At first this red card was a bit of a head scratcher as poor Djibril Cisse trudged towards the sideline. However it was in fact his teammate Yoann Gourcuff who was the offending party on what was a miserable day for France. The reason for the dismissal was an elbow following Gourcuff’s attempt to head the ball just on the edge of the South African penalty area. He did lead with his elbow but again the question of intent comes into play.

Verdict: Incorrect decision – yellow card

Anther Yahia – Algeria v USA

Quite possibly the most ridiculous of them all. With frustrations running high in the Algeria side after the concession of a late goal to the USA, a number of  players surrounded referee Frank De Bleeckere following a contentious decision. Captain Anther Yahia ran over to pull his players away for fear of them getting sent off. However Mr. De Bleeckere looked up, saw three players standing before him and presuming it was Yahia who was the architect of the dissent, fired a second yellow card in his direction.

Verdict: Incorrect decision – no punishment necessary

Marco Estrada – Chile v Spain

Chile midfielder Marco Estrada was already on a yellow card when he was involved in a coming together with Fernando Torres in the run up to Spain’s second goal. As soon as Andres Iniesta turned the ball into the net, trigger happy Mexican referee Marco Rodriguez (yep, it’s him from the Cahill sending off) turned to Estrada and brandished a red card. However replays clearly showed that any contact was purely accidental and Torres made a meal out of the situation. Having said that, Estrada was lucky not to have walked minutes earlier for a second bad challenge in the middle of the park.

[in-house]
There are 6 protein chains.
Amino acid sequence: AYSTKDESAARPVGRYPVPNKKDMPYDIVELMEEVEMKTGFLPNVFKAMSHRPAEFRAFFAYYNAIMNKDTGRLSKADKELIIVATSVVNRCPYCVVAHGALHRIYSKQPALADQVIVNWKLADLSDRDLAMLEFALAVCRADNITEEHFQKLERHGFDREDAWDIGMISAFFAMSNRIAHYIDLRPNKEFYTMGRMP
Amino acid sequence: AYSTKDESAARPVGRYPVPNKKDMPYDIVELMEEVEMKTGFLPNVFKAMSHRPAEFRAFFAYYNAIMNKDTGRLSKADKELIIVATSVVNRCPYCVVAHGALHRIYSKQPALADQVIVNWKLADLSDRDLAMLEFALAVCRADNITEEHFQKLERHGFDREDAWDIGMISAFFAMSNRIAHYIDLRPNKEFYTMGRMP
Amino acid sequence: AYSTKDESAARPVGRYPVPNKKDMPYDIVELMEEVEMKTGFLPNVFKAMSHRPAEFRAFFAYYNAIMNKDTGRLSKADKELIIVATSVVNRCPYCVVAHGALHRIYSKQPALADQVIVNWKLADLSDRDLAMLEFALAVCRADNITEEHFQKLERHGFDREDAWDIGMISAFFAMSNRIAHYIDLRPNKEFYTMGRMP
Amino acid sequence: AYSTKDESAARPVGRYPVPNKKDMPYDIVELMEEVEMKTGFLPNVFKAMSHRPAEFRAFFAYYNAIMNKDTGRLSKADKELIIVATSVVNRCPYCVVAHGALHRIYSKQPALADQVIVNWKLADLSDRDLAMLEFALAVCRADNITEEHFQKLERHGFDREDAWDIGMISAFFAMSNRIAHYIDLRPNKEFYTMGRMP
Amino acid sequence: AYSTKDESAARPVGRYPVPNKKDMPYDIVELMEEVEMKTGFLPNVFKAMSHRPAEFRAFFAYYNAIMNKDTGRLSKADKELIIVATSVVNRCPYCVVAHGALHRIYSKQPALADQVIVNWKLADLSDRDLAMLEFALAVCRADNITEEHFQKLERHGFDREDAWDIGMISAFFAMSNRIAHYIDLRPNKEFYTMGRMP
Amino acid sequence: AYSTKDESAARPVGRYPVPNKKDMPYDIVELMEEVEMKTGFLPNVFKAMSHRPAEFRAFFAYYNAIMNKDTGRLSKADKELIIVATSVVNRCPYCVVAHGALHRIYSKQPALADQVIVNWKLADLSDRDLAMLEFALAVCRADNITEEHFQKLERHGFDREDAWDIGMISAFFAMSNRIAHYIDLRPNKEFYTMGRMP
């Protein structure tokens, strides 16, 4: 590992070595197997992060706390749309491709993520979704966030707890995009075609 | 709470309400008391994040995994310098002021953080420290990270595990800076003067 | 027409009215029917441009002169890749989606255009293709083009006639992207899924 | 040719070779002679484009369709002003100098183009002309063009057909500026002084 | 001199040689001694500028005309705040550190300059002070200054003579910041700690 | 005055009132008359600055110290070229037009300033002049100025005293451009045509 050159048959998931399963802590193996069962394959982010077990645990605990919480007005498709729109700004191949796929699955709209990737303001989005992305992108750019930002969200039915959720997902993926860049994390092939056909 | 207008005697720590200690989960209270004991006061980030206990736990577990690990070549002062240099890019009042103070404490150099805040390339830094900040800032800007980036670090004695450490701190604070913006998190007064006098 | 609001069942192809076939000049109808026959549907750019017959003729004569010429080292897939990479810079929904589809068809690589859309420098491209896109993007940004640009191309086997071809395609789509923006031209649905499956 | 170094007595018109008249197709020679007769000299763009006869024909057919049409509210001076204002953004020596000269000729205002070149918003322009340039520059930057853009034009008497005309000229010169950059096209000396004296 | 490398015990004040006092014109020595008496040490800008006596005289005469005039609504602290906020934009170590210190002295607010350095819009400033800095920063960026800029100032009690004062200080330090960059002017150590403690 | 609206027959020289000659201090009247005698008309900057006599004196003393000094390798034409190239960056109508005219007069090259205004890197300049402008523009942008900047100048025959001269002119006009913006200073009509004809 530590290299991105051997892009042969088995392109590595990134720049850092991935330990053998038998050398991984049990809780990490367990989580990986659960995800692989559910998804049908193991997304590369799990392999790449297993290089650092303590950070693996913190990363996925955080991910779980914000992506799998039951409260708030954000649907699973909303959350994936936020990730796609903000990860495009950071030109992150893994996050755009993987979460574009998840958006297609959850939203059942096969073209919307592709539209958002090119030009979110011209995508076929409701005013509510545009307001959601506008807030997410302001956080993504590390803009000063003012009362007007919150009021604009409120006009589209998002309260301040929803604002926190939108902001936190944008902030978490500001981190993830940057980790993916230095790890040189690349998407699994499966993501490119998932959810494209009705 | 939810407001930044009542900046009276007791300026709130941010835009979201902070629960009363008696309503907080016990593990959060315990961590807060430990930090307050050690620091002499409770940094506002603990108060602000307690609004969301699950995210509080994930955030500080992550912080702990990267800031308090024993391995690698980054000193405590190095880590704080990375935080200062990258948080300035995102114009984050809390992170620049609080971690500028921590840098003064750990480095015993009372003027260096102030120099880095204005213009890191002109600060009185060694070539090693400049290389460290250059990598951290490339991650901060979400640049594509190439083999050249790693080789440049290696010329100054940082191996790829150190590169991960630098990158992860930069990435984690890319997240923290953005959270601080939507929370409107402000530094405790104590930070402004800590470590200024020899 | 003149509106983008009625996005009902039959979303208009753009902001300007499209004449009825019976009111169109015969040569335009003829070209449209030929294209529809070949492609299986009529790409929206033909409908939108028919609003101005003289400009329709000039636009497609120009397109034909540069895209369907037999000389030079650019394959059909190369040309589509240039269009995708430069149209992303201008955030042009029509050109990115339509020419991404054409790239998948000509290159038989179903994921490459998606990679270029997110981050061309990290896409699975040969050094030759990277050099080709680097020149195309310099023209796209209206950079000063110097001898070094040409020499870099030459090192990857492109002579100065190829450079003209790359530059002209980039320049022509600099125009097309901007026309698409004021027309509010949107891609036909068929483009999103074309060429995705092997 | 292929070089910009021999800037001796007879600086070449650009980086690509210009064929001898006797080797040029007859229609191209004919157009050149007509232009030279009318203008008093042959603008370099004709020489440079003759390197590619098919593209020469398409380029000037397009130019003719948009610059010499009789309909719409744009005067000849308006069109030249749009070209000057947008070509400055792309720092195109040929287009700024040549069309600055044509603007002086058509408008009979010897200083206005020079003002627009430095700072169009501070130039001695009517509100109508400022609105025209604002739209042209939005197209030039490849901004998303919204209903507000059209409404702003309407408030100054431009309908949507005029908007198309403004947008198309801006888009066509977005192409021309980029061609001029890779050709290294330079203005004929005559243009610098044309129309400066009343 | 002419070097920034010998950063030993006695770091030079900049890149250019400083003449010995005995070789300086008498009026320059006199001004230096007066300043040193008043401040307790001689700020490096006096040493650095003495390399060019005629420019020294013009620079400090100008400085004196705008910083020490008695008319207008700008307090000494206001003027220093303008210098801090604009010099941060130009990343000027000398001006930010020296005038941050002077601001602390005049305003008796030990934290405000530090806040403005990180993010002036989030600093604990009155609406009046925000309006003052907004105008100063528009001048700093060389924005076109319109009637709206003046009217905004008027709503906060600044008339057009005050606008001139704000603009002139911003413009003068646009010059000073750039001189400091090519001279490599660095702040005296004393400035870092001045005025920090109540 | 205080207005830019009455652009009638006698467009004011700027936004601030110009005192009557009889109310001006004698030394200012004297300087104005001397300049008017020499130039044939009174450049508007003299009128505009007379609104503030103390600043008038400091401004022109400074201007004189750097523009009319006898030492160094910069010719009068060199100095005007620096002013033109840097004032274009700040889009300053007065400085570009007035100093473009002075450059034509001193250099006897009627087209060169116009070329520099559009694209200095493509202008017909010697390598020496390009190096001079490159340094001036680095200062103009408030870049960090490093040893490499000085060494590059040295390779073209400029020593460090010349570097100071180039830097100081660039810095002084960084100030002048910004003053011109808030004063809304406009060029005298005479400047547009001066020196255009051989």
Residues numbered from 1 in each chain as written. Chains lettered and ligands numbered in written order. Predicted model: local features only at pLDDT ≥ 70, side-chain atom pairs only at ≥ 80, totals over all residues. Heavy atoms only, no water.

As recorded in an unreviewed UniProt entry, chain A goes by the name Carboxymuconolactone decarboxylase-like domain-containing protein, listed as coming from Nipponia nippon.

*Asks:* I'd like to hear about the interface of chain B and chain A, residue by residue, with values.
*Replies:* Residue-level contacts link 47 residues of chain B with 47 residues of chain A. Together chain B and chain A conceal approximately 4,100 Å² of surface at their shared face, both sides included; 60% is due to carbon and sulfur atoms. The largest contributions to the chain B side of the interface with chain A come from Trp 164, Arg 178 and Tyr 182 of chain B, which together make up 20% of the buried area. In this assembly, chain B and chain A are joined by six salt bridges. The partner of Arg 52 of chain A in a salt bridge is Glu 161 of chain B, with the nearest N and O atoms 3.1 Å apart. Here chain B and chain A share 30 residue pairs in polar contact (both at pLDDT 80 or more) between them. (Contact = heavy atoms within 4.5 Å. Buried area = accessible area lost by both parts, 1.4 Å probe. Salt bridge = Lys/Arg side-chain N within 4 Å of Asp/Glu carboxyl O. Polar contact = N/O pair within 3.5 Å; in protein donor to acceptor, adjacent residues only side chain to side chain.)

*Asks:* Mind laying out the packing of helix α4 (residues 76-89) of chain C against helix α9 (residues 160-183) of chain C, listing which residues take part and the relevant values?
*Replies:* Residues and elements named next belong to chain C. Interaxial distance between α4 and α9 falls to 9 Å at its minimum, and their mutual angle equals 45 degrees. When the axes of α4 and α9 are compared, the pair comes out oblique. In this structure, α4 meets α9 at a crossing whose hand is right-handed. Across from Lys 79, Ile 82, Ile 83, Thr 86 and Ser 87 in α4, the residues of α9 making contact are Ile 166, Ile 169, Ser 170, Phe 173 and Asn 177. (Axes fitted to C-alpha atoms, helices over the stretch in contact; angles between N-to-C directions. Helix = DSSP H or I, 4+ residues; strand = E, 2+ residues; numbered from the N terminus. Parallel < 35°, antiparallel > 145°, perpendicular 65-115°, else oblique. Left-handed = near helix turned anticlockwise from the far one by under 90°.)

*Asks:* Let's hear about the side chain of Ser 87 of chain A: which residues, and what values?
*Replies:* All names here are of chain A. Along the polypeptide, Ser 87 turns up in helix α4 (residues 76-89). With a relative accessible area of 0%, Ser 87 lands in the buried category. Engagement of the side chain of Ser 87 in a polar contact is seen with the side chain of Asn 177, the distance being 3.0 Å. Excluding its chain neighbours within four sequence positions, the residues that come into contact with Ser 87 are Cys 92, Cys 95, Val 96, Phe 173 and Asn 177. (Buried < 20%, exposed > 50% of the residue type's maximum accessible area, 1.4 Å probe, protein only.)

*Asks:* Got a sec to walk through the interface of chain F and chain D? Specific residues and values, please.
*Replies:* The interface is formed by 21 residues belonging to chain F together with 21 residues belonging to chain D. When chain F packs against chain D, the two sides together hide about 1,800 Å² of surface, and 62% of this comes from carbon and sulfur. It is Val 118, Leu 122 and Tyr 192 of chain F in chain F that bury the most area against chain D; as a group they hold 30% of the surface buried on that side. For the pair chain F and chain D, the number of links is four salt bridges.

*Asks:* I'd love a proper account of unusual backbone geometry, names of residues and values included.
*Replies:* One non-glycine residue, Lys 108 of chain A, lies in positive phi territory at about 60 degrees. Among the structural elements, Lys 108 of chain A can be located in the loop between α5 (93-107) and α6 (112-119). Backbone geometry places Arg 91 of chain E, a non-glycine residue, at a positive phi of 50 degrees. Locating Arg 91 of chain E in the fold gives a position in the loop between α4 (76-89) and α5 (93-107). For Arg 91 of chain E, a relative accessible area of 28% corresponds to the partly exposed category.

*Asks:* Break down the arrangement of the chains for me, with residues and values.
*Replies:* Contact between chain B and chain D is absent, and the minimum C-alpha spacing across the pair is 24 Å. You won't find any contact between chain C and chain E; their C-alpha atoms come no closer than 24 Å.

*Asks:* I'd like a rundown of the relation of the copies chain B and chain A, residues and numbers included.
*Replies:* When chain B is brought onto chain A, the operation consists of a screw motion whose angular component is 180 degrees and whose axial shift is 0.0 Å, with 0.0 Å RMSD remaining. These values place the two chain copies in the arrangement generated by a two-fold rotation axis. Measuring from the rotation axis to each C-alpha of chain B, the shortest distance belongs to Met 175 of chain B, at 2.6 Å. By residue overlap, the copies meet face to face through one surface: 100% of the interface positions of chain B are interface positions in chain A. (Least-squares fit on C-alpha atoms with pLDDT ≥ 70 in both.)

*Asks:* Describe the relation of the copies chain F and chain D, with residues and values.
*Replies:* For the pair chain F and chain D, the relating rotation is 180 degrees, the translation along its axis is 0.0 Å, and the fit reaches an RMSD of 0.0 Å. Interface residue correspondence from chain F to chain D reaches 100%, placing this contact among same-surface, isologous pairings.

Verdict: Incorrect decision – no yellow for the ‘foul’ on Torres.

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The Author

Neil Sherwin

Co-editor of Writes mostly on Premier League and A-League with contributions to other sites including TheFootballSack, InBedWithMaradona and Bloomberg's BSports. Has featured on The Guardian's Football Weekly.

3 thoughts on “Seeing Red

  1. Yoann Gourcuff was a straight red.

    If you don’t see that you don’t understand football.

    Given you’re previous articles and your shambolic contribution to football weekly, that would see true.

  2. Hi Daniel,

    Thank you once again for your kind comments. Two from two I believe that is.

    I look forward to you finally explaining why you think that. After all, criticism can only be constructive when reasons are given.

    P.S. Let me know when James and co. are having you on the show.

    P.P.S. It’s ‘your’ not ‘you’re’.

  3. re the Kewell one. I’m sure the rule hasn’t changed and its if a “deliberate” handball. However referees don’t seem to apply that anymore.